US20090143570A1 - Method for isolation of genomic dna, rna and proteins from a single sample - Google Patents

Method for isolation of genomic dna, rna and proteins from a single sample Download PDF

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US20090143570A1
US20090143570A1 US12277420 US27742008A US2009143570A1 US 20090143570 A1 US20090143570 A1 US 20090143570A1 US 12277420 US12277420 US 12277420 US 27742008 A US27742008 A US 27742008A US 2009143570 A1 US2009143570 A1 US 2009143570A1
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rna
genomic dna
mineral support
method
proteins
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US12277420
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Miao Jiang
Mark S. Briggs
Rohini Dhulipala
Yuyang Christine Cai
Renee E. Bruno
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GE Healthcare Bio-Sciences Corp
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GE Healthcare Bio-Sciences Corp
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    • CCHEMISTRY; METALLURGY
    • C12BIOCHEMISTRY; BEER; SPIRITS; WINE; VINEGAR; MICROBIOLOGY; ENZYMOLOGY; MUTATION OR GENETIC ENGINEERING
    • C12NMICROORGANISMS OR ENZYMES; COMPOSITIONS THEREOF; PROPAGATING, PRESERVING OR MAINTAINING MICROORGANISMS; MUTATION OR GENETIC ENGINEERING; CULTURE MEDIA
    • C12N15/00Mutation or genetic engineering; DNA or RNA concerning genetic engineering, vectors, e.g. plasmids, or their isolation, preparation or purification; Use of hosts therefor
    • C12N15/09Recombinant DNA-technology
    • C12N15/10Processes for the isolation, preparation or purification of DNA or RNA
    • C12N15/1003Extracting or separating nucleic acids from biological samples, e.g. pure separation or isolation methods; Conditions, buffers or apparatuses therefor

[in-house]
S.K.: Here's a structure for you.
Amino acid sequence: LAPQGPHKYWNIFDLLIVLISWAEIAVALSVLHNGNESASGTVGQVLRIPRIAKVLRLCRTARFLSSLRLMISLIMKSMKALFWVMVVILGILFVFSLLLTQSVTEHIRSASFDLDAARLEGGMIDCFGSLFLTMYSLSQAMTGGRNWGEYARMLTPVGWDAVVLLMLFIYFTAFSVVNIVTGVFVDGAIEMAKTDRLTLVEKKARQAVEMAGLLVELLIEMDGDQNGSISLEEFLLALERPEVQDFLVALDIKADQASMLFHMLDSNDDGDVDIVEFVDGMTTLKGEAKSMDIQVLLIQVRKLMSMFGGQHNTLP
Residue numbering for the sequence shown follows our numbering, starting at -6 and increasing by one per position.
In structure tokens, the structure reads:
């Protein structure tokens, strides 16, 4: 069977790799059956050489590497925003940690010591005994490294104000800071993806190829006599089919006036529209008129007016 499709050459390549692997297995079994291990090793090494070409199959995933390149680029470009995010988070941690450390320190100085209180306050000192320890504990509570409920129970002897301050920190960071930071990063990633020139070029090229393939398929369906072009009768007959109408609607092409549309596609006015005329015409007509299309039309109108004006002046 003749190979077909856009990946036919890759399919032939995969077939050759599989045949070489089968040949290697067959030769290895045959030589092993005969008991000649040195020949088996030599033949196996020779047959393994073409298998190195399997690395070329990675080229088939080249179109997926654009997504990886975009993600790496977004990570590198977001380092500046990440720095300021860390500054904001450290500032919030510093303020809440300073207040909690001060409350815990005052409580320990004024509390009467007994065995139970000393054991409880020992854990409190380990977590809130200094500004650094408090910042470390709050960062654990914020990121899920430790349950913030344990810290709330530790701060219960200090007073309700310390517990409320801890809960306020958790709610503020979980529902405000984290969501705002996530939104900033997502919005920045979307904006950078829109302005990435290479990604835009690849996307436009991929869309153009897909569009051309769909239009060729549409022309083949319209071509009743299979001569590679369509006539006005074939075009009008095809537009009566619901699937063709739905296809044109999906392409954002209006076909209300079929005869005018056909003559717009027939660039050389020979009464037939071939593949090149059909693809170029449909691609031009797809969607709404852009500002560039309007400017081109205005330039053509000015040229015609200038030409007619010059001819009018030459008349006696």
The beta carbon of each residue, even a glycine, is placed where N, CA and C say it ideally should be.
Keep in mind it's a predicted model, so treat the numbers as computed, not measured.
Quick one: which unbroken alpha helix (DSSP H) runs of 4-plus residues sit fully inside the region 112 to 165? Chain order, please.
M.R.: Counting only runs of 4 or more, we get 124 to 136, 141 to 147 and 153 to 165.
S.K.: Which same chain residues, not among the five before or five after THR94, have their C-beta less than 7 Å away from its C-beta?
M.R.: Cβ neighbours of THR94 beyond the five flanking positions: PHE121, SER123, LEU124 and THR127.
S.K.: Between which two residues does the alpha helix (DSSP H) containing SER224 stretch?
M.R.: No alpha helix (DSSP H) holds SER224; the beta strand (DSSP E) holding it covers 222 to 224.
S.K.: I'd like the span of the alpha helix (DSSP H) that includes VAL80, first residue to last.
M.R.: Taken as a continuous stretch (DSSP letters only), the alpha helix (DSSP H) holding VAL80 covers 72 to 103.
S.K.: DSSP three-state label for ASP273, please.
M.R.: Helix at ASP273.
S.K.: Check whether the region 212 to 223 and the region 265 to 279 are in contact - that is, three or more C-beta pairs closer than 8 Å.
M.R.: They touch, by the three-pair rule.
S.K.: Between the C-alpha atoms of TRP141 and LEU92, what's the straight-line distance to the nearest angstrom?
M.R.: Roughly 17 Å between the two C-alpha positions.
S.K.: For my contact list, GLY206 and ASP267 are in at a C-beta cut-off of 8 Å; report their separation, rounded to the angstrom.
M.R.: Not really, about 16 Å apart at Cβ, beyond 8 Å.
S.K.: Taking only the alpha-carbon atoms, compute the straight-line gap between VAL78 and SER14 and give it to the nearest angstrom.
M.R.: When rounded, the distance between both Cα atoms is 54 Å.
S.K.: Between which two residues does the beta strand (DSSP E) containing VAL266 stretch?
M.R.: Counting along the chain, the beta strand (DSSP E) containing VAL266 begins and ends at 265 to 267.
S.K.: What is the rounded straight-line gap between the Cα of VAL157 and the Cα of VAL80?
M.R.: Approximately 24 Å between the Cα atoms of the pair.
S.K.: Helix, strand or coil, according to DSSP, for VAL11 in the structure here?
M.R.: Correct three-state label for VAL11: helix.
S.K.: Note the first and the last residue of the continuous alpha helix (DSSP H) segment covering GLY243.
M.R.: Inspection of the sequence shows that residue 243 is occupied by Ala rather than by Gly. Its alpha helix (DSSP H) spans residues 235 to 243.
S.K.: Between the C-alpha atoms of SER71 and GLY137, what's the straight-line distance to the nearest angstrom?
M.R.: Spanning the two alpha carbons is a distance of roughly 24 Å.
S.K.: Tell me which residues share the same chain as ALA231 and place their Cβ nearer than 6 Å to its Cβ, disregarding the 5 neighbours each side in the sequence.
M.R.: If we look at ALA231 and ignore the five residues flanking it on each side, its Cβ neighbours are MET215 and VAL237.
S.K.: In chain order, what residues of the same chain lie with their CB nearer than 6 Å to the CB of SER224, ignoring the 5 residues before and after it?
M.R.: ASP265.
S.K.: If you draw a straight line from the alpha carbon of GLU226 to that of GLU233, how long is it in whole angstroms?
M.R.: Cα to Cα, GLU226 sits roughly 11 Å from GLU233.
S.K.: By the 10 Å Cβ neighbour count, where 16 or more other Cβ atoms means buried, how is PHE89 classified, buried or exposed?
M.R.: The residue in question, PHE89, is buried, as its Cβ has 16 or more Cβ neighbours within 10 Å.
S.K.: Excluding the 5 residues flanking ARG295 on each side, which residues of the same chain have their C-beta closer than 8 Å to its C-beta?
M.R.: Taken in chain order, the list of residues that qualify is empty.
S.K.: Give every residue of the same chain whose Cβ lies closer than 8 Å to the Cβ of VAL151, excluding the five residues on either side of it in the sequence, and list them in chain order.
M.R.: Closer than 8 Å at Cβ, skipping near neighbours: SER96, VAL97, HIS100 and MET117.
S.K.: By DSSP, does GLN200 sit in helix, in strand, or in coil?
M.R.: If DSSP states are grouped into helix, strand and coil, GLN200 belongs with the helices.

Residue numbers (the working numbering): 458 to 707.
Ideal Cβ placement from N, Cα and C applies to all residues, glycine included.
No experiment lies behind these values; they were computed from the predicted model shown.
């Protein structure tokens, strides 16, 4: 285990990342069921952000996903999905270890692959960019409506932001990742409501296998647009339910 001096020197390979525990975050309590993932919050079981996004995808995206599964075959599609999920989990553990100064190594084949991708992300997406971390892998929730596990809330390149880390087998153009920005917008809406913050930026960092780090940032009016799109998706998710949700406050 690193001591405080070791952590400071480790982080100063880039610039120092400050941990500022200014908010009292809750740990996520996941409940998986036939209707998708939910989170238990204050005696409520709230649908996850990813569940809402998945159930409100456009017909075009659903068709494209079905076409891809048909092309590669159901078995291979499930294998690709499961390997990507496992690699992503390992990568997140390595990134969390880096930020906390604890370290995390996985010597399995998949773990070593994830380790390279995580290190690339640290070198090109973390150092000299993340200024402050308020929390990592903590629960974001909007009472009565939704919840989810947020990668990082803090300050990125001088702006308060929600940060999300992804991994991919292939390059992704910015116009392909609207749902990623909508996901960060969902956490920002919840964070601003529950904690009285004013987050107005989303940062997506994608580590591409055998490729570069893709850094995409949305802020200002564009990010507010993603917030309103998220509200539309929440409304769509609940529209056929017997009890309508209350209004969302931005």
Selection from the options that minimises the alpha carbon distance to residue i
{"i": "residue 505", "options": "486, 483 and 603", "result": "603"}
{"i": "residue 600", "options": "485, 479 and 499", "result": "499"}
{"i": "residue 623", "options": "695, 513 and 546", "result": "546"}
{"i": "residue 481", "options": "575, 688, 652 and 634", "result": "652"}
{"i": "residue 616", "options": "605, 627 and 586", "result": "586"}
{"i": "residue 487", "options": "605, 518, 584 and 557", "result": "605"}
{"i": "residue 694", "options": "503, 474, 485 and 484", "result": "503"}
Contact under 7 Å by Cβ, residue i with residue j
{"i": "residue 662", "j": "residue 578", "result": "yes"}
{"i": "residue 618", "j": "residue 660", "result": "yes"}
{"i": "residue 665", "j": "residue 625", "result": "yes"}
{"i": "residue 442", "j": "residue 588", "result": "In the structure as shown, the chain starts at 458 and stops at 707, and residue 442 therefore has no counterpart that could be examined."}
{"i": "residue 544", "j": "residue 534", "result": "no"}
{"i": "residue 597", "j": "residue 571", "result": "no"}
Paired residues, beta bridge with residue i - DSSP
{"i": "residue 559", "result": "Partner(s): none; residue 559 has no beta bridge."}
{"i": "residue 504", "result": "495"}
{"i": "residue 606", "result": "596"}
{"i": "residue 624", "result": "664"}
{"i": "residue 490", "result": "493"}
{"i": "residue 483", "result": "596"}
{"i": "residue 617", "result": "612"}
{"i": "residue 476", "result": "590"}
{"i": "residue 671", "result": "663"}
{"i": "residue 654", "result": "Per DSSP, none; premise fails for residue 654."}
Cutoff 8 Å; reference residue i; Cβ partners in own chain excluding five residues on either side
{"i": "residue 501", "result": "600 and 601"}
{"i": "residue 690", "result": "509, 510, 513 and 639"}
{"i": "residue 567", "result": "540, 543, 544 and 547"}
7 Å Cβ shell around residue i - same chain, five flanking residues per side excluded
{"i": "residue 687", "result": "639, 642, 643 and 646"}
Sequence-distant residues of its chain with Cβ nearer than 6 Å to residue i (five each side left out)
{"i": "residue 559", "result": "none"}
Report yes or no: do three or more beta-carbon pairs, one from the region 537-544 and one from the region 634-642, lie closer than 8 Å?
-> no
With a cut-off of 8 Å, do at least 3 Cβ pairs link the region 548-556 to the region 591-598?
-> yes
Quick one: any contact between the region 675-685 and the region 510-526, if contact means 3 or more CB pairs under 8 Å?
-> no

• C12N15/1006Extracting or separating nucleic acids from biological samples, e.g. pure separation or isolation methods; Conditions, buffers or apparatuses therefor by means of a solid support carrier, e.g. particles, polymers
    • CCHEMISTRY; METALLURGY
    • C07ORGANIC CHEMISTRY
    • C07KPEPTIDES
    • C07K1/00General methods for the preparation of peptides, i.e. processes for the organic chemical preparation of peptides or proteins of any length
    • C07K1/14Extraction; Separation; Purification
    • C07K1/34Extraction; Separation; Purification by filtration, ultrafiltration or reverse osmosis

Abstract

The invention provides systems, methods and kits for the separation and/or purification of at least two cellular components selected from genomic DNA, RNA and proteins. The method includes first lysing a biological sample to generate an aqueous solution containing the cellular components; then applying the aqueous solution to a first mineral support under conditions for genomic DNA to bind; and collecting the flowthrough which contains unbound total RNA and proteins. The method further includes applying the flowthrough to a second mineral support under conditions for RNA to bind, and collecting the flowthrough which contains proteins. The genomic DNA and total RNA bound can be eluted while the protein in the flowthrough can be further purified. Further the total RNA isolated could be used to isolate small RNA such as microRNA.

Description

    CROSS-REFERENCE TO RELATED APPLICATIONS
  • This application claims priority to U.S. provisional patent application Nos. 60/991,337 filed Nov. 30, 2007 and 61/097,604 filed Sep. 17, 2008; the disclosures of which are incorporated herein by reference in their entireties.
  • FIELD OF THE INVENTION
  • This invention relates to methods for the isolation of genomic DNA, total RNA and protein. More specifically, it relates to a simple and rapid system and method for the extraction and purification of genomic DNA, total RNA and protein from a single sample.
  • BACKGROUND OF THE INVENTION
  • The last three decades has seen considerable effort in the development of improved methods for the isolation and purification of nucleic acids and proteins from biological sources. This has been due mainly to the increasing applications of nucleic acids and proteins in the medical and biological sciences. Genomic DNA isolated from blood, tissue or cultured cells has several applications, which include PCR, sequencing, genotyping, hybridization and Southern Blotting. Plasmid DNA has been utilized in sequencing, PCR, in the development of vaccines and in gene therapy. Isolated RNA has a variety of downstream applications, including in vitro translation, cDNA synthesis, RT-PCR and for microarray gene expression analysis. In the protein field, identification of proteins by Western Blotting has become an important tool in studying gene expression in basic research and identification of specific proteins for diagnostic purposes, as exemplified by viral protein detection.